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Back to Archives | Back to January 2004 Contents 

President's Message

State and Local Law Enforcement's Role in Immigration Enforcement

Chief Joseph M. Polisar, Garden Grove, California

IACP President
Chief Joseph M. Polisar, Garden Grove, California
It is clear that the September 11 attacks have had a profound impact on the manner in which law enforcement agencies view their responsibilities and duties. In the ensuing two years, state and local law enforcement agencies have done a magnificent job of meeting the challenges presented by this new reality, and we have done much to make our communities and our citizens safer and more secure.

We used a variety of methods, including increased cooperation with federal law enforcement, reassement of current training and patrol methods, and greater communication and intelligence sharing between and among law enforcement agencies. But the specter of foreign terrorists has also brought the state and local law enforcement community face-to-face with a critical and fundamental question that will likely help shape the way we police our communities, namely, what role should state and local law enforcement play in the enforcement of federal immigration laws?

Significantly, in the 111-year history of the IACP, the membership has never adopted a resolution or policy position on this vital question. The reason for this silence is clear. There is a significant difference of opinion in the law enforcement profession on this issue.

Many law enforcement executives believe that state and local law enforcement should not be involved in the enforcement of civil immigration laws since involvement would likely have a chilling effect on both legal and illegal aliens reporting criminal activity or assisting police in criminal investigations. They believe that this lack of cooperation could diminish the ability of law enforcement agencies to effectively police their communities and protect the public they serve.

Other law enforcement executives believe that it is appropriate for state and local law enforcement to play an active role in immigration enforcement because individuals who are in the country illegally have violated the law and should be treated in the same fashion as other criminals. They feel that it is the duty of state and local law enforcement to assist the federal government and to apprehend and detain these individuals.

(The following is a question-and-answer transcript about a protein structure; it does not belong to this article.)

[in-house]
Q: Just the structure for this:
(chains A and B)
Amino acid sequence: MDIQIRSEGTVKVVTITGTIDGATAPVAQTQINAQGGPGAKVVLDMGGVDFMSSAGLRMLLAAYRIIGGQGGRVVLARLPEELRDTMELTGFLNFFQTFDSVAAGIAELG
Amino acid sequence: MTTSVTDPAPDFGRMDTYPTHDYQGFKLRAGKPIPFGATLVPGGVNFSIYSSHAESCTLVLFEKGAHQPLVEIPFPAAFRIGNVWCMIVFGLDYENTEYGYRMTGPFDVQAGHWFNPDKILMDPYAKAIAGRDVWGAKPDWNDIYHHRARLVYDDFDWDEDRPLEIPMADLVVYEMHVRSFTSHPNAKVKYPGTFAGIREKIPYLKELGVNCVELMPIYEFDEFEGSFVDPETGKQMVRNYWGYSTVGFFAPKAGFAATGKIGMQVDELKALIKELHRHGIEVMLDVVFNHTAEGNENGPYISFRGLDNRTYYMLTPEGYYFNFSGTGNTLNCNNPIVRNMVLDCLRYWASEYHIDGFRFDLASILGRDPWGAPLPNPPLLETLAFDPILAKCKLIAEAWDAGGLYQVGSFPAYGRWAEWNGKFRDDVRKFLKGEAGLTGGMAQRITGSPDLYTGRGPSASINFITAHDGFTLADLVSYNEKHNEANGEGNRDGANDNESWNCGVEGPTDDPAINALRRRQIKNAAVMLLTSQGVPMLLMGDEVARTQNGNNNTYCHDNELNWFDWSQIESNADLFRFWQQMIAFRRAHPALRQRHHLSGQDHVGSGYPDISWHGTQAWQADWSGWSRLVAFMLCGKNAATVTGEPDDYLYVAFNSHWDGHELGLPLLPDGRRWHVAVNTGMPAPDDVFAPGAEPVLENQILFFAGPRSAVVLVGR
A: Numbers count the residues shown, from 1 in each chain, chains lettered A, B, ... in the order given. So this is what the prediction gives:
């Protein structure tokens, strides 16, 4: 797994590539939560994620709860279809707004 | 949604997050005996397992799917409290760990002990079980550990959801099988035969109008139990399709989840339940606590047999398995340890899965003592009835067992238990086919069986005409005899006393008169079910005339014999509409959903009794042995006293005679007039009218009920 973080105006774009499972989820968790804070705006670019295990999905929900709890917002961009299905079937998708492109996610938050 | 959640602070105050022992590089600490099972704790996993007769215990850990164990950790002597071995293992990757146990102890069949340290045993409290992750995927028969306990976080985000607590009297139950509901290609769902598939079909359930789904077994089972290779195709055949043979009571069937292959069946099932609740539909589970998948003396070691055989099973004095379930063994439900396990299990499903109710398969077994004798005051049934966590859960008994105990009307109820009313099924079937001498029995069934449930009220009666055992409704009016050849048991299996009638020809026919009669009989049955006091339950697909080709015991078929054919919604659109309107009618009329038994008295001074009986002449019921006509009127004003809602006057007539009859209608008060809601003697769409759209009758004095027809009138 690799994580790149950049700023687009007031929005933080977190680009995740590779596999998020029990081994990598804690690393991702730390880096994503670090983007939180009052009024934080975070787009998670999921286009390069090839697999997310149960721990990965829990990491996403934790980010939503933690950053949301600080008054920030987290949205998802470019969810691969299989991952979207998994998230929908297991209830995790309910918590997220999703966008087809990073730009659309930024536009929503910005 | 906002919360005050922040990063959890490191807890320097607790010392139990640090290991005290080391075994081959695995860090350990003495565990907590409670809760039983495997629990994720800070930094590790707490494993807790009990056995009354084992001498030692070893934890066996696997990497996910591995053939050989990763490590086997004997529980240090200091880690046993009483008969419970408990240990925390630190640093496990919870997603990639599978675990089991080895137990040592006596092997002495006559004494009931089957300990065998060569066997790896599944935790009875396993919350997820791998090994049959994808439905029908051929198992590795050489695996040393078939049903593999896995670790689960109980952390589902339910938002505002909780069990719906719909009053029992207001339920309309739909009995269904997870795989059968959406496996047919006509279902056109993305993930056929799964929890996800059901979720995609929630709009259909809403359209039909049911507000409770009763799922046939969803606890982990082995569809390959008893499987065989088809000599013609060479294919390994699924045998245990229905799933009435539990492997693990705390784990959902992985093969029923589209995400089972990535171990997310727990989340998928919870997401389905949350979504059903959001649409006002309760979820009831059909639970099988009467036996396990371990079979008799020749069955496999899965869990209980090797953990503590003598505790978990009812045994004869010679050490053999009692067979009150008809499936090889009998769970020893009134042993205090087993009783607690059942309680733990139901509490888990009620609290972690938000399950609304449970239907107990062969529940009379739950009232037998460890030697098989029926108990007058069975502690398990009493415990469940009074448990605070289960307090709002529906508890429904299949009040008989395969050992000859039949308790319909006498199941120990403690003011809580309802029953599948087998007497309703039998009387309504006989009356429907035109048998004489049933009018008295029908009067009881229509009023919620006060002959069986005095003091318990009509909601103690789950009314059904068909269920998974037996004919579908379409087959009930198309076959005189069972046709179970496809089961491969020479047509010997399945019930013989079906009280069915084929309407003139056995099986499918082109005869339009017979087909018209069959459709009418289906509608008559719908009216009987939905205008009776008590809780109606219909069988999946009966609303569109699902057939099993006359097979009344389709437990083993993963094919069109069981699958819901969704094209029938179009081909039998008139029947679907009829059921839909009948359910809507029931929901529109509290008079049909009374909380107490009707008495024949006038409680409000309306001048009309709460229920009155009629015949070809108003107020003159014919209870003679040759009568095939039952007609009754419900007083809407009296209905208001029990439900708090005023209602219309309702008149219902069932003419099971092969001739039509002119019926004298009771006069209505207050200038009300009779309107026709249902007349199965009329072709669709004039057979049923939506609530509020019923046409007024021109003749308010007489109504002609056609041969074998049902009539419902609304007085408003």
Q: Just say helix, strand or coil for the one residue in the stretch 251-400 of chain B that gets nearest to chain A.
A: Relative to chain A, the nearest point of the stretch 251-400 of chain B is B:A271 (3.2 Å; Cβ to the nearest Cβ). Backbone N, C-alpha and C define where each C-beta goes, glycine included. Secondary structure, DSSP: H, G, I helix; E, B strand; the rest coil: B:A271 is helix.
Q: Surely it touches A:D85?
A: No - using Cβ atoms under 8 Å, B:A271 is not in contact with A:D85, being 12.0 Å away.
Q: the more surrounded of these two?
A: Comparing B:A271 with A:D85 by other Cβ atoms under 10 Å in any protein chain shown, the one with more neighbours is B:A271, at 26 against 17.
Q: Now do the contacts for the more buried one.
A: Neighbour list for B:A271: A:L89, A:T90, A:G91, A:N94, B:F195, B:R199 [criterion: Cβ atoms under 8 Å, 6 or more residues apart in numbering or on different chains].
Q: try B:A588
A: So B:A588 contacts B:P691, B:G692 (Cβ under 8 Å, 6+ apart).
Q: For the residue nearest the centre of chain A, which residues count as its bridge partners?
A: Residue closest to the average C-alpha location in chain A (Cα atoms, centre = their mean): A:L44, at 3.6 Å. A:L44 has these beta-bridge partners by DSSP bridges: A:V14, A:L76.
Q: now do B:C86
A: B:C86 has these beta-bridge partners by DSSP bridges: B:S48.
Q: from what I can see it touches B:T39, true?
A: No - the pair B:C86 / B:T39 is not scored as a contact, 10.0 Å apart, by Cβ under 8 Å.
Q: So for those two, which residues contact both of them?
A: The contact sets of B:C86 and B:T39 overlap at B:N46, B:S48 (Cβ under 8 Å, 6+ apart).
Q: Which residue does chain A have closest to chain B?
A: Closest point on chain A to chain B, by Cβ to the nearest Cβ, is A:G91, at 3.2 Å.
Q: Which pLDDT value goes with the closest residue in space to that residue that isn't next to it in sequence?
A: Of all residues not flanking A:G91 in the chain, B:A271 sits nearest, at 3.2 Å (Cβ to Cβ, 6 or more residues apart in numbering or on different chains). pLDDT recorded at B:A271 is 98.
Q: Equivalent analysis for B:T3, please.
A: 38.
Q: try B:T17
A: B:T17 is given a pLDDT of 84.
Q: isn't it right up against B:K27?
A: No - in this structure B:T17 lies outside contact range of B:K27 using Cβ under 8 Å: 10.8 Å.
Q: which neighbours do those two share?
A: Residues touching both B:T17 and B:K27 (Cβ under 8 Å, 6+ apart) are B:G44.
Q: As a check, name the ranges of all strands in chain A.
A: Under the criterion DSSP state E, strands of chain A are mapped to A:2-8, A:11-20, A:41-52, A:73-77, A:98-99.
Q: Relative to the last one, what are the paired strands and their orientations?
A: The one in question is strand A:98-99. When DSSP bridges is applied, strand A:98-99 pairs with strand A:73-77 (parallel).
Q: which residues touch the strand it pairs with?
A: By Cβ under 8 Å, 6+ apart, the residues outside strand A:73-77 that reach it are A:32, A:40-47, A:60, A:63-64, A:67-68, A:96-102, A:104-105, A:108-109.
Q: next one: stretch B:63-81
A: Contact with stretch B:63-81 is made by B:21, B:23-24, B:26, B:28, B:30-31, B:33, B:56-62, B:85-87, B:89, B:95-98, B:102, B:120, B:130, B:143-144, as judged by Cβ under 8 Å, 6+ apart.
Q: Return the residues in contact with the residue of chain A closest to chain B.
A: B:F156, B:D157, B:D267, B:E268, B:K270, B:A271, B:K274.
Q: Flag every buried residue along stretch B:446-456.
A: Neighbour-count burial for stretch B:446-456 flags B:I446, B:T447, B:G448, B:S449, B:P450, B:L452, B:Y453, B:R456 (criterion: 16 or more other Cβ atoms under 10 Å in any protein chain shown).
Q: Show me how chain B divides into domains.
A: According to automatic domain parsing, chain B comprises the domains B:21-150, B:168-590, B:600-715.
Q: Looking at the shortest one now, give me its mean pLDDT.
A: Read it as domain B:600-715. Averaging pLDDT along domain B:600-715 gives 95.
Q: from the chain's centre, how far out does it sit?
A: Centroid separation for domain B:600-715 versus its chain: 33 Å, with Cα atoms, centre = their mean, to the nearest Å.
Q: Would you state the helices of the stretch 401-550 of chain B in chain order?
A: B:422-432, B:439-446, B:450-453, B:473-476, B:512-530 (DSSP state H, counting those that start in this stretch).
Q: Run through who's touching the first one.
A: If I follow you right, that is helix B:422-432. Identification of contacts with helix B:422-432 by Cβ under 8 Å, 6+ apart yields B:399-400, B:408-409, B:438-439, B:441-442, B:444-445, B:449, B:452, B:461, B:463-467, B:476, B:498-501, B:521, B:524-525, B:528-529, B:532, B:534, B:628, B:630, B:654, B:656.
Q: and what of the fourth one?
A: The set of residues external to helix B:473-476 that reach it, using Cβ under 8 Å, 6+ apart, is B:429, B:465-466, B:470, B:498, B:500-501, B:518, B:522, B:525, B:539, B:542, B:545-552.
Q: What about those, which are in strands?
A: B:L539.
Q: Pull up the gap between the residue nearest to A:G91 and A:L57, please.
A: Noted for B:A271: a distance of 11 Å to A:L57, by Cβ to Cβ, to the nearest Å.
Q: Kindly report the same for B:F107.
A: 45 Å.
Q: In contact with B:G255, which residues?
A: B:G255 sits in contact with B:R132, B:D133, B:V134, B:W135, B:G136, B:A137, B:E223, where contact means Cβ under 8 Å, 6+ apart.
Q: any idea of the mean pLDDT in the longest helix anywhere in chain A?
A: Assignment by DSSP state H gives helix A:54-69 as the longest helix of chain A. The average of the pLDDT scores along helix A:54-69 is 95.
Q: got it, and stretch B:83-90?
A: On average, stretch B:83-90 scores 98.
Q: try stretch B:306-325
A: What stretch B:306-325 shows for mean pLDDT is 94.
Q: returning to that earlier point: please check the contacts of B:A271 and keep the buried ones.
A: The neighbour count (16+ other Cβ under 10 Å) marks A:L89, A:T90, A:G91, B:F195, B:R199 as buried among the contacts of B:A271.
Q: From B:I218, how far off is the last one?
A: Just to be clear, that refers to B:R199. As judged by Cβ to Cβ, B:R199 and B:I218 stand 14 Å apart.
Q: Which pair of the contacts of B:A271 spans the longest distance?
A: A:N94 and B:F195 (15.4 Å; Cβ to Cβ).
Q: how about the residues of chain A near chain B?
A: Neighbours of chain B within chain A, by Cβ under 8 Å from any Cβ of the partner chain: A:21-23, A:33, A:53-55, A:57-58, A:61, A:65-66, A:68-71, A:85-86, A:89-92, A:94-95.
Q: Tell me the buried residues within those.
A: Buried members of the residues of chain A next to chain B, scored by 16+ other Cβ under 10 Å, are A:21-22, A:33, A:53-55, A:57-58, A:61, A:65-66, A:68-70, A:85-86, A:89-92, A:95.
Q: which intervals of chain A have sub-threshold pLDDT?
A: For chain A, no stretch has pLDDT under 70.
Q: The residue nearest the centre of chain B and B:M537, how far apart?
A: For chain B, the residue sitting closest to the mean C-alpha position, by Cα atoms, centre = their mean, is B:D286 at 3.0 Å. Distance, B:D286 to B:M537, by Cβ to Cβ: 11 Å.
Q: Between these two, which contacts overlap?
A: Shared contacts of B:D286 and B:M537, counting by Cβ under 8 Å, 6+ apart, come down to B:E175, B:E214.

Both viewpoints raise valid arguments and it is easy to understand why no consensus has been reached and no policy position has been adopted by the IACP.

Nevertheless, it is my belief that the IACP can no longer remain silent on this issue. In recent months, both the administration and Congress have developed proposals that would greatly expand the role of state and local law enforcement agencies in immigration enforcement. As these proposals are considered, I believe it is vital for the IACP to provide policy makers with a clear articulation of the views and concerns of the law enforcement community on this important question.

For these reasons, the IACP Board of Officers considered this issue during its December meeting. From that discussion it became clear that in addition to the broad philosophical questions associated with this issue, there is confusion over what is the actual legal authority of state and local law enforcement officers to enforce immigration law.

For example, if an individual is an illegal entrant into the United States, he or she has committed a federal felony violation, and state and local law enforcement officers are legally empowered to arrest and detain the individual until federal law enforcement authorities can respond and take custody of the individual. But aliens who entered the United States legally but violated their alien status by overstaying their visas have committed only civil violations, which precludes state and local law enforcement agencies from legally arresting and detaining these individuals.

In addition, the board also noted that any proposal directing state and local law enforcement involvement in immigration enforcement also requires the careful consideration of several practical yet critically important factors: How will law enforcement officers be trained to recognize valid immigration documents? What are the liability issues for an officer and a department who enforce immigration laws? Who would be responsible for the costs of incarcerating illegal aliens?

The board discussion clearly illustrated just how complex this situation is and the potential implications any immigration enforcement responsibilities could have on our officers, our departments, and our communities. The discussion also made clear that it was imperative that the IACP develop a comprehensive position paper to address these critical issues, and the association will be seeking funds to support such a study.

In the coming months, the IACP will be working to develop this document and it is important that all viewpoints be considered. I am looking to the Division of State Associations of Chiefs of Police and the Division of State and Provincial Police to work with their constituents to secure a response. I also urge you to send me, by way of IACP headquarters (515 North Washington Street, Alexandria, VA 22314), any thoughts, concerns, or suggestions on this critical question.

It is my hope and expectation that soliciting your input on these crucial issues will allow the IACP to produce a clear and concise overview of the issues and challenges associated with the enforcement of immigration laws.

 

From The Police Chief, vol. 71, no. 1, January 2004. Copyright held by the International Association of Chiefs of Police, 515 North Washington Street, Alexandria, VA 22314 USA.








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